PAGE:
Progress and education in palliative care in Sudan

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An oncologist by training, Dr Gafer became interested in palliative care when she met Esther Walker, a British palliative care specialist nurse who had come as a volunteer to the main oncology centre in Sudan.

Ms Walker gave a series of lectures on oncology nursing at RICK, including four lectures on palliative care.

“I was astonished,” said Dr Gafer, “I thought: What is she going to say in four whole lectures about palliative care? I thought it was too much time. For me, palliative care might be half a lecture.”

Dr Gafer recalled how a walk around the wards with Ms Walker opened her eyes to some basic nursing care that was lacking.

She said: “For example, one of our patients was crying from pain and when we checked we found that she had Tramadol in her bag of drugs, but wasn’t taking it regularly. When we asked her sister why she didn’t give the patient the medication, she replied that she thought that the drug was dangerous and therefore only gave it to the patient when she cried from extreme pain.”

It was this visit that inspired Dr Gafer to further her own education in palliative care. She attended the Hospice Africa Uganda (HAU) Initiator’s Course, with special funding from the International Association of Hospice and Palliative Care (IAHPC).

“I cannot tell you the amount of knowledge I gained there,” said Dr Gafer, “from how to communicate with patients and how to manage symptoms, and even the idea of home care. When Esther was talking about this in Sudan, I was seeing this as something very unrealistic. I thought: ‘How can the doctor and nurse go to the patient in their homes?’ That was impossible! So it was a really a good opportunity for me to see everything in practice at HAU!”

A number of international specialists have visited the palliative care unit at RICK. Among these were Dr Anne Merriman, director of Hospice Africa Uganda, and Dr Mhoira Leng, head of palliative care at Makerere University & Mulago Hospital in Uganda. Dr Leng provided valuable advice that transformed the way that pain was managed in the centre.

The centre has started to produce liquid oral morphine from morphine vials. Dr Gafer recalled Mr H, the first patient to receive reconstituted oral morphine: “I remember Mr H, his daughter came and mentioned that her father was facing the wall, depressed and crying from pain. We gave her the liquid oral morphine and titrated it for the coming five days. After two weeks we had he pleasure of meeting Mr H smiling, his pain controlled, and he came to us in person to thank us.”

Recognising the importance of training oncologists in palliative care, HAU helped Dr Gafer to provide training in palliative care for health professionals in March 2010. 32 doctors and nurses from RICK and other organizations have been trained at RICK.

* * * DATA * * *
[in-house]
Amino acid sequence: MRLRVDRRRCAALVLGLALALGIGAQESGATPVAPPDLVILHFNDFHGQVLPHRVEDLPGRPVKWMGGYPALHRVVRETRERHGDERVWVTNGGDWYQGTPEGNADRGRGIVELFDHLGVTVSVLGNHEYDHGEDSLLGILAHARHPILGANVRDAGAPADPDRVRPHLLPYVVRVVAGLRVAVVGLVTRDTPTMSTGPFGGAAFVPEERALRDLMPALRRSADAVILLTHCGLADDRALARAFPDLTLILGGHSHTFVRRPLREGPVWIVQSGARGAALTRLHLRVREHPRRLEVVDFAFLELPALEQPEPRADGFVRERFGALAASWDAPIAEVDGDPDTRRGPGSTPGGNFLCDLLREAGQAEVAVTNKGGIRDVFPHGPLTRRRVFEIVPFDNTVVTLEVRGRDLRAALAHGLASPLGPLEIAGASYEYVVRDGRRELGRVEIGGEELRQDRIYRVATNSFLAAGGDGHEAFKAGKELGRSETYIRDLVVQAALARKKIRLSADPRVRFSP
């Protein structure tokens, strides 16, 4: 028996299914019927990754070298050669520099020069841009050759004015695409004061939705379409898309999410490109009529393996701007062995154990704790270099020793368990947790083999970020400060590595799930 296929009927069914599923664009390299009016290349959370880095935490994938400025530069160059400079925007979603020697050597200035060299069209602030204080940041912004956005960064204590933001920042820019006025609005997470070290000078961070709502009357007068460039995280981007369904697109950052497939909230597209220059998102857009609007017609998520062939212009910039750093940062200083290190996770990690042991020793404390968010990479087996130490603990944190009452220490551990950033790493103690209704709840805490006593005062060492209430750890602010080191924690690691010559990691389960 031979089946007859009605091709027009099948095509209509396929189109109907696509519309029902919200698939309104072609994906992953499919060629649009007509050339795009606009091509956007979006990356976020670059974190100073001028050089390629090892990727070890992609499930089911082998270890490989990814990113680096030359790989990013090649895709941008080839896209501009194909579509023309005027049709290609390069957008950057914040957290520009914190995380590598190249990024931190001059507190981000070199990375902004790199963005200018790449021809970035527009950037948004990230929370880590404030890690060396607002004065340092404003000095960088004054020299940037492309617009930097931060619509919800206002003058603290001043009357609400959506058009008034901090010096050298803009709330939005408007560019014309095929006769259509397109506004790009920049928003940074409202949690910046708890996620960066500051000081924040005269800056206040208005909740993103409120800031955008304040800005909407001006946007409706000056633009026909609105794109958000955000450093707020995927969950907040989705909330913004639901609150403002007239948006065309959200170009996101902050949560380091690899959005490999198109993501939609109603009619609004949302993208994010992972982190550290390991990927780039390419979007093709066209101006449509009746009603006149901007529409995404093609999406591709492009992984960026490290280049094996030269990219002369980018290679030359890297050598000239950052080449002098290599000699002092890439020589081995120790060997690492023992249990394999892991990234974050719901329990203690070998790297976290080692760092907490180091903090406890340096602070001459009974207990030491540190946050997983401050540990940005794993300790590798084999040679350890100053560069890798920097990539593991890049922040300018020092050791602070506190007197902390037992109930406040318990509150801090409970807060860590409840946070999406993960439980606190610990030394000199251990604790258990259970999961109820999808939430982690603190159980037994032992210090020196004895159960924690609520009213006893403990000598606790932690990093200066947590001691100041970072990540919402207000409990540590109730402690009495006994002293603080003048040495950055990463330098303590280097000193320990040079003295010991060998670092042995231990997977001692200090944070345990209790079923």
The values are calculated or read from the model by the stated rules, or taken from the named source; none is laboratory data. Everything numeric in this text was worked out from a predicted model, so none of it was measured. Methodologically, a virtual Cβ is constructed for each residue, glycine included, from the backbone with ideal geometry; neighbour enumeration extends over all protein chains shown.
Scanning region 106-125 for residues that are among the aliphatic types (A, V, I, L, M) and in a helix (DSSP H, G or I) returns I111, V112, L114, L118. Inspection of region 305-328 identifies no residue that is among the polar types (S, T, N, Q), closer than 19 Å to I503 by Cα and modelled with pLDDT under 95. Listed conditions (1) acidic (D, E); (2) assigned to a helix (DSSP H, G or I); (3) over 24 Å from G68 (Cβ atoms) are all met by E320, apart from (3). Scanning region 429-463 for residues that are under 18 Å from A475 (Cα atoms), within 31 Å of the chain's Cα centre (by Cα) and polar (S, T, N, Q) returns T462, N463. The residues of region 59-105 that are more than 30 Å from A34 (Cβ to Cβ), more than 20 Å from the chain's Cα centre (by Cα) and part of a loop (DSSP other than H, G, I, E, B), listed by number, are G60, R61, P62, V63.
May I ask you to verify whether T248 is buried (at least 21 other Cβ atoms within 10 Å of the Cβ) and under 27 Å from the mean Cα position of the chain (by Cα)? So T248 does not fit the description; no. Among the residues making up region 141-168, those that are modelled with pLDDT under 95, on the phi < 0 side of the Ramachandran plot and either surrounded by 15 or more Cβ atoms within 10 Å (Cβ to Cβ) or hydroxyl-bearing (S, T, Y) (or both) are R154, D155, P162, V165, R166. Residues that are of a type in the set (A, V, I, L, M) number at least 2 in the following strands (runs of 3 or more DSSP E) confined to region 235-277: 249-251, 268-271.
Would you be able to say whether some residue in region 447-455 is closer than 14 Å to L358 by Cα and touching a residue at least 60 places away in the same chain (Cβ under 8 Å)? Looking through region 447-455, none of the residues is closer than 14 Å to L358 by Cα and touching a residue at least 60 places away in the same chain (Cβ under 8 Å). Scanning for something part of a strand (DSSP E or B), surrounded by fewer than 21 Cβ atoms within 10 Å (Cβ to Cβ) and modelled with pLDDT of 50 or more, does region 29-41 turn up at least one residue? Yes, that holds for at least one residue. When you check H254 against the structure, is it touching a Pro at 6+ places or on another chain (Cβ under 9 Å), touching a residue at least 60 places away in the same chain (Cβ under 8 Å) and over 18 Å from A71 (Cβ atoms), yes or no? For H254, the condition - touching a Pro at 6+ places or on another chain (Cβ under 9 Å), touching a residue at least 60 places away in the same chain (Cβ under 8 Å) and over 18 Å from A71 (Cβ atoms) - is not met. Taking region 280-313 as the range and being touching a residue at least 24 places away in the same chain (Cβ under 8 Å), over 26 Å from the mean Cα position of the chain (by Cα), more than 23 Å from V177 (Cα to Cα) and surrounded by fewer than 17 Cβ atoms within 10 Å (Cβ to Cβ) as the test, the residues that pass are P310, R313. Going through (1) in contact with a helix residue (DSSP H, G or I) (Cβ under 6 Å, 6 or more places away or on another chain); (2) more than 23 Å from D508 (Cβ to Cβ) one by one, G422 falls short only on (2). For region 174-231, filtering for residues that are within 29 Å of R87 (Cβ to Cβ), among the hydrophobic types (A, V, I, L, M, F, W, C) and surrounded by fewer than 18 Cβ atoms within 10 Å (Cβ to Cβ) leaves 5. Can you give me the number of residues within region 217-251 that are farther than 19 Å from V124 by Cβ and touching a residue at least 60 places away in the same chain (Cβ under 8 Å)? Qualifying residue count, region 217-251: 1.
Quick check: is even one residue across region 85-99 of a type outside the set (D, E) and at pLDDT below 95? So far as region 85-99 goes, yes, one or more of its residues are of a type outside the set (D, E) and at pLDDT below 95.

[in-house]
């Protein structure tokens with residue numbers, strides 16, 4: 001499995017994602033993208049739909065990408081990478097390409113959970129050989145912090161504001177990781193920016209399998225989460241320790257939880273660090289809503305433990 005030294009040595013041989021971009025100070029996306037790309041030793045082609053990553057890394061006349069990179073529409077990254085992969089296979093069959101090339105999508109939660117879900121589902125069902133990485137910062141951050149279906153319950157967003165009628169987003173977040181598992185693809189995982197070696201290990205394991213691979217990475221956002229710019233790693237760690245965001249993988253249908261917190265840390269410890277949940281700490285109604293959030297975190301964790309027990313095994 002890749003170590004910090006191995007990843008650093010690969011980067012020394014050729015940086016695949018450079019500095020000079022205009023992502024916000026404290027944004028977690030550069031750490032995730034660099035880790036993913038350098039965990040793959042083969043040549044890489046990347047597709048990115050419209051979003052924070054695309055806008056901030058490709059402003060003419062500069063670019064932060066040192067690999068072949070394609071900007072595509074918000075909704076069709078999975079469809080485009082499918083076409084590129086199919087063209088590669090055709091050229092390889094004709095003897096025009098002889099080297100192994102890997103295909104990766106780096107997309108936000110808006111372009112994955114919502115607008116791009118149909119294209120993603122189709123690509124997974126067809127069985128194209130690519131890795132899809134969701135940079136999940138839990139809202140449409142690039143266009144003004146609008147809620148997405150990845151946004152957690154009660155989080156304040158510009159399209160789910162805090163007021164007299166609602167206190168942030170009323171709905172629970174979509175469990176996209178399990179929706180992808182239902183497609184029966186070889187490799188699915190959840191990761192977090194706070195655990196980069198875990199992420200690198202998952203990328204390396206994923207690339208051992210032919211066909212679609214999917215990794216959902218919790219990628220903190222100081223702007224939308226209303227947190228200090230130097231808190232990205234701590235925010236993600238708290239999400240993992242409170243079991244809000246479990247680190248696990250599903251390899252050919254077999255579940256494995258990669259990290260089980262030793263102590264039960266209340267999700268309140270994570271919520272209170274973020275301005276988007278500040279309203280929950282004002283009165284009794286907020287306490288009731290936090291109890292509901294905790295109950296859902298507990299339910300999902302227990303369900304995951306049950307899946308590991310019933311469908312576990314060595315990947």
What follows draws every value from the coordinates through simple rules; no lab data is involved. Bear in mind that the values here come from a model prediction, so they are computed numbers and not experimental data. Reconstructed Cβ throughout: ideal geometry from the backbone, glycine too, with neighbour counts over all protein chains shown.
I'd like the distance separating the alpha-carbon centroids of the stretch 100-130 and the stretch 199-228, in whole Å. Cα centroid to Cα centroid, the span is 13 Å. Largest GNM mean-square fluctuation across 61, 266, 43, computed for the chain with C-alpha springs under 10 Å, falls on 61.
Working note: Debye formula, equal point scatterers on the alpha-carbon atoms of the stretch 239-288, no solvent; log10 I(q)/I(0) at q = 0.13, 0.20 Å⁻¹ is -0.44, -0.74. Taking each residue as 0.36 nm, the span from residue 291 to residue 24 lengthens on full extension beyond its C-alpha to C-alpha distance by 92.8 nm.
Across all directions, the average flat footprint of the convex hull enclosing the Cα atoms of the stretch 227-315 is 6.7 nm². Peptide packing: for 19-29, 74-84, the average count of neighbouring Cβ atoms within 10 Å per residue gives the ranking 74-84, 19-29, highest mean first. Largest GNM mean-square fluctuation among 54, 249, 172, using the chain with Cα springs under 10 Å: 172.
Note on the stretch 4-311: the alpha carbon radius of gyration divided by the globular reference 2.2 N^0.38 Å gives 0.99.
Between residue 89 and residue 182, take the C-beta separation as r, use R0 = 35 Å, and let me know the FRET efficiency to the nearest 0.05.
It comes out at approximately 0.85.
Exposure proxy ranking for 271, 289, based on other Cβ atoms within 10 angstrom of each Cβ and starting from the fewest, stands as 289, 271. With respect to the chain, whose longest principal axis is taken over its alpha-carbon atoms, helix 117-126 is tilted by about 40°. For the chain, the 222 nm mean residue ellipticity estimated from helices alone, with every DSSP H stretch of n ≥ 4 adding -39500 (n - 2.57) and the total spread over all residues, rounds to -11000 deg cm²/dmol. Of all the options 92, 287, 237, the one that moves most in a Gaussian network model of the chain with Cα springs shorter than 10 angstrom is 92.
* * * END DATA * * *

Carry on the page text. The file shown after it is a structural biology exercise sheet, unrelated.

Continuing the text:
Now the unit has evolved to include the ward as well as a lecture room. The team receives requests from outside the centre who are interested in training in palliative care.  

The hospital administration has started to engage with the unit, supporting several training sessions to date.

Dr Gafer noted the importance of demonstrating the good practice of the unit, saying: “In the beginning we were speaking a lot about it. Telling everyone that palliative care is important. Then we found that this is not the way to do it. We need to do the work, to demonstrate its value and then people will come to us.” As an example she cited the increase in requests from registrars interested in training at the unit.

Dr Gafer spoke about the importance of spending time with and listening to patients, saying: “In the palliative care ward, the staff understandthat the patient comes first. They allow the patient to speak and listen as they tell the symptoms.”

There were also issues around continuity of care. At RICK the palliative care team takes the responsibility to follow up with patients. This also emphasised the need for home care.

Dr Gafer said: “When I spoke to the medical officers about home care they did not understand but some of the nurses who had trained at HAU told them: ‘It can be done, I have seen it.’

“One of my oncology colleagues told us: ‘You have changed medical practice in Sudan’.

“After we started our work at the palliative care ward, pain management has changed throughout the hospital.”

The next steps for the palliative care unit are to train doctors and nurses in other hospitals in at least the basics of palliative care and pain management.

They are also looking to expand the team, adding a formally appointed psychologist.

In addition, Dr Gafer is currently assisting to establish a palliative care unit in a secondary hospital in Khartoum (Soba University Hospital), a public hospital and the main referral centre for patients from outside Khartoum.

She said: “There is a nurse there who has been trained in palliative care at HAU, and one doctor who is interested in specialising in palliative medicine. She has been volunteering at our unit for more than one year. She has witnessed first hand the impact of palliative care. We are seeking a distance learning programme for her to do.”

Dr Gafer ended by saying: “I think palliative care is a calling, you cannot force people into it.”

To find out more about palliative care in Sudan, visit

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